10 Ohio C.C. (n.s.) 586


Circuit Court of Hamilton County.

Walker et al v. Jenney, Administrator, et al.

Decided, February 15, 1908.

Appeal — Effect of — Court Without Authority to Dismiss — Concurrent Proceedings on Error — Become Material, When.

1. An appellant bas no authority to dismiss an appeal which has been properly perfected in an appealable case; but a dismissal of an appeal to which no error is prosecuted will stand, and will be construed as the judgment of the court.

2. While error may be prosecuted before the determination of an appeal, the proceeding will avail nothing in the event the appeal Is sustained; but where the appeal is dismissed and the appellant has an error proceeding pending, it is his right to have a hearing therein, and to dismiss such a proceeding is error.

*587Swing, P. J.; Smith, J., concurs; Giffen, J., dissents.

Upon the filing of certain accounts in the probate court certain exceptions were filed by the plaintiff in error, which exceptions were upon hearing overruled by said court. Thereupon plaintiff took an appeal from the judgment of the probate court to the court of common pleas. This appeal was perfected September 26, 1905. Subsequently said plaintiff in error also had a bill of exceptions perfected, and filed in said court of common pleas a petition in error. On May 29, 1906, the following entry was made in the appeal case: “Now come the appellants in the above cause and dismiss this said appeal at their costs.” Afterwards, to-wit, on May 31, 1906, the defendants filed a motion to dismiss the error' proceedings in said court, for the reason that an appeal had been taken from said probate court to said court of common pleas prior to the filing of said petition in error, and that therefore -there was no judgment in said probate court to which error could be prosecuted. Afterwards, to-wit, on February 7, 1907, the court of common pleas found said motion well taken and dismissed said petition in error for the reasons set out in said motion.

This action in this, court is to reverse the judgment of the court of common pleas dismissing the petition in error. No proceeding was prosecuted to the judgment dismissing the appeal.

It is urged that the principle announced in the first proposition of the syllabus in 10 O. S., 617, “An appeal perfected suspends all. proceedings upon the judgment appealed from,” which proposition seems to be the settled law of this state, and which is followed in 77 O. S., 75, is decisive of the question here.

The record shows that in this case the appeal was perfected from the decision of the probate court to the court of common pleas prior to the filing of the petition in error, and for this reason the petition in error was dismissed.

In Hull et al v. Bell Bros. & Co., 54 O. S., 228, the fourth proposition of the syllabus is as follows;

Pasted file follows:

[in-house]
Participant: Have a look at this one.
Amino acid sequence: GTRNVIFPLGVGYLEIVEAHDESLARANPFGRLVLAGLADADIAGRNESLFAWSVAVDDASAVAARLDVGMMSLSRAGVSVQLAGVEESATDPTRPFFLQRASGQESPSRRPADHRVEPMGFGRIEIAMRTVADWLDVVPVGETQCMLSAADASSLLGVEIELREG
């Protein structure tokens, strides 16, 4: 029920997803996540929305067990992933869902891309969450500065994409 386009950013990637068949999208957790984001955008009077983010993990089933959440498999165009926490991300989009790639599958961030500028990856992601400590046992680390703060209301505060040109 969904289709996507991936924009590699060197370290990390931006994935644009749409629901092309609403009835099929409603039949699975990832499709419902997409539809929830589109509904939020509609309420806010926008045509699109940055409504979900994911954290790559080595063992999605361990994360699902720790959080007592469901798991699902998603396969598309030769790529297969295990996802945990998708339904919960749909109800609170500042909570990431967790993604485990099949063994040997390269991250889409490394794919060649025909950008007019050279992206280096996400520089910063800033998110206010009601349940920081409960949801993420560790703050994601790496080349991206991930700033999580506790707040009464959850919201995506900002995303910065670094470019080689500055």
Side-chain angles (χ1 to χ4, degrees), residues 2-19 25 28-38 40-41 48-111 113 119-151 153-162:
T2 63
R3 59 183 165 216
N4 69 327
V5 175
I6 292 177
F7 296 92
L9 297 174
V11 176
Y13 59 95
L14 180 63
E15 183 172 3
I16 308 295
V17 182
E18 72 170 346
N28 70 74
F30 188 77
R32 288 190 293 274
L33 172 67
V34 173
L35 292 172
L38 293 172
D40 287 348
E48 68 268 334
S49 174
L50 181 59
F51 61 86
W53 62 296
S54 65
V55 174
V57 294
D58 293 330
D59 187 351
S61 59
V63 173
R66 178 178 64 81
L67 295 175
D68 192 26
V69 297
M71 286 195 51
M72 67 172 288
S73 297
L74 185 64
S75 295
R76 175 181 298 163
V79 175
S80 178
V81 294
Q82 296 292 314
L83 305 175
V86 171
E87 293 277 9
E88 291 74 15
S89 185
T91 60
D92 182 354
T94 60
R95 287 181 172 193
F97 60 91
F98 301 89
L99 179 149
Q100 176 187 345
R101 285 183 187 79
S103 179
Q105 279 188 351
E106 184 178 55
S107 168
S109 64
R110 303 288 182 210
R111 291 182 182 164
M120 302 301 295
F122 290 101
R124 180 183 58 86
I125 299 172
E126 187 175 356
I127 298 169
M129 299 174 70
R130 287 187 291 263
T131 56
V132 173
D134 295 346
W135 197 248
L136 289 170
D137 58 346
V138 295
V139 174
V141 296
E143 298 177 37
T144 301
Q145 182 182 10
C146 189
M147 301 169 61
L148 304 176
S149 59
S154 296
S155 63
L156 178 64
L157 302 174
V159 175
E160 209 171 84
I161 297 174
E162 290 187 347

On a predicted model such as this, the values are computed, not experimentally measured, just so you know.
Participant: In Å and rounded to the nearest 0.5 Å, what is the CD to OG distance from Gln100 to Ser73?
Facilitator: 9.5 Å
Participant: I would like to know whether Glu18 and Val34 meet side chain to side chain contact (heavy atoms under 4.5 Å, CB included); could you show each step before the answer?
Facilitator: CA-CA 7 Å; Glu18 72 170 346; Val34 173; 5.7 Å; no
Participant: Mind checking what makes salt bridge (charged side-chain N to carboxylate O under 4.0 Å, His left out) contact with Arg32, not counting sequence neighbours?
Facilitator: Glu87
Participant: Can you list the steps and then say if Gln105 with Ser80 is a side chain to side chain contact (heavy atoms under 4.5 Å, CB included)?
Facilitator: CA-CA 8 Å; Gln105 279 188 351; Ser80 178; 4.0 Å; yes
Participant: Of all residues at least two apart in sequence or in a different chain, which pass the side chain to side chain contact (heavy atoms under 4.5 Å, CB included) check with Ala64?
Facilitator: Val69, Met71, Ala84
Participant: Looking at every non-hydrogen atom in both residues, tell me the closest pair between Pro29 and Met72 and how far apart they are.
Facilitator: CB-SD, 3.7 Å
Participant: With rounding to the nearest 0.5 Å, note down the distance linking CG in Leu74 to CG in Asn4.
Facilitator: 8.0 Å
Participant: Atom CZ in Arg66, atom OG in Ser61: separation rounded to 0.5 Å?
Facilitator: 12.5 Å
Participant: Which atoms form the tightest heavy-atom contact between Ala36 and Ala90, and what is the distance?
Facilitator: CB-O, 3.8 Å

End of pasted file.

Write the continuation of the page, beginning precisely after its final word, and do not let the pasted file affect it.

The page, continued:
“While an appellant may prosecute error to the judgment appealed from before the determination of his appeal, the pro*588ceeding will avail nothing if the appeal be sustained, for then the cause stands for a new trial on the issues of fact. The judgment superseded by that of the appellate court and errors occurring in the court below, if any were committed, became immaterial. Nor can the affirmance of the judgment before the trial of the appeal give it any additional or different effect.”

In the opinion of the court, at page 241, it is said:

“We are not aware of any statutory provision or rule of law which prevents a party, who has taken an appeal from a judgment, from also prosecuting error to obtain its reversal. When doubtful of his appeal, that may be a prudent and commendable practice; otherwise, if his right of appeal should not be determined until after the expiration of the time allowed for prosecuting error, and then be determined adversely to him, thus leaving the judgment in force, his remedy on error would be lost, but if the appeal be sustained the proceeding in error avails nothing, for the cause then stands for a retrial of the issues in the appellate court.”

It seems clear from this decision that a party may prosecute error for a judgment after he has perfected an appeal, but of course it avails nothing if the appeal be sustained.

Was the appeal sustained in this case? The case seems to have been an appealable case, and an appeal was'perfected, but it certainly was not sustained, and no trial was had on the issues joined in the appellate court. On the contrary the appeal was dismissed in the appellate court. The entry dismissing the appeal recites: “Now come the appellants in the-above cause and dismiss their said appeal at their costs.”

We know of no provision of our statute which authorizes an appellant to dismiss an appeal when perfected and we think there is no such power. Such power rests solely in the court and, in order to give this dismissal any effect, it must be construed as the judgment of the court, and the court had no right to dismiss the appeal unless the appeal was not properly taken, or the ease was not one from which an appeal could be taken. No error was prosecuted to the judgment dismissing the appeal, and it therefore stands, although the court may have committed an error in. dismissing -the appeal. It seems to us that when *589the appeal was dismissed the party had the right to have the judgment reviewed on error, and that the court erred in dismissing the petition in error.

J. M. Dawson', for plaintiff in error.

W. H. Mackoy, for defendants in error.

Walker v. Jenney
10 Ohio C.C. (n.s.) 586

Case Details

Walker v. Jenney
Decision Date
Feb 15, 1908

10 Ohio C.C. (n.s.) 586




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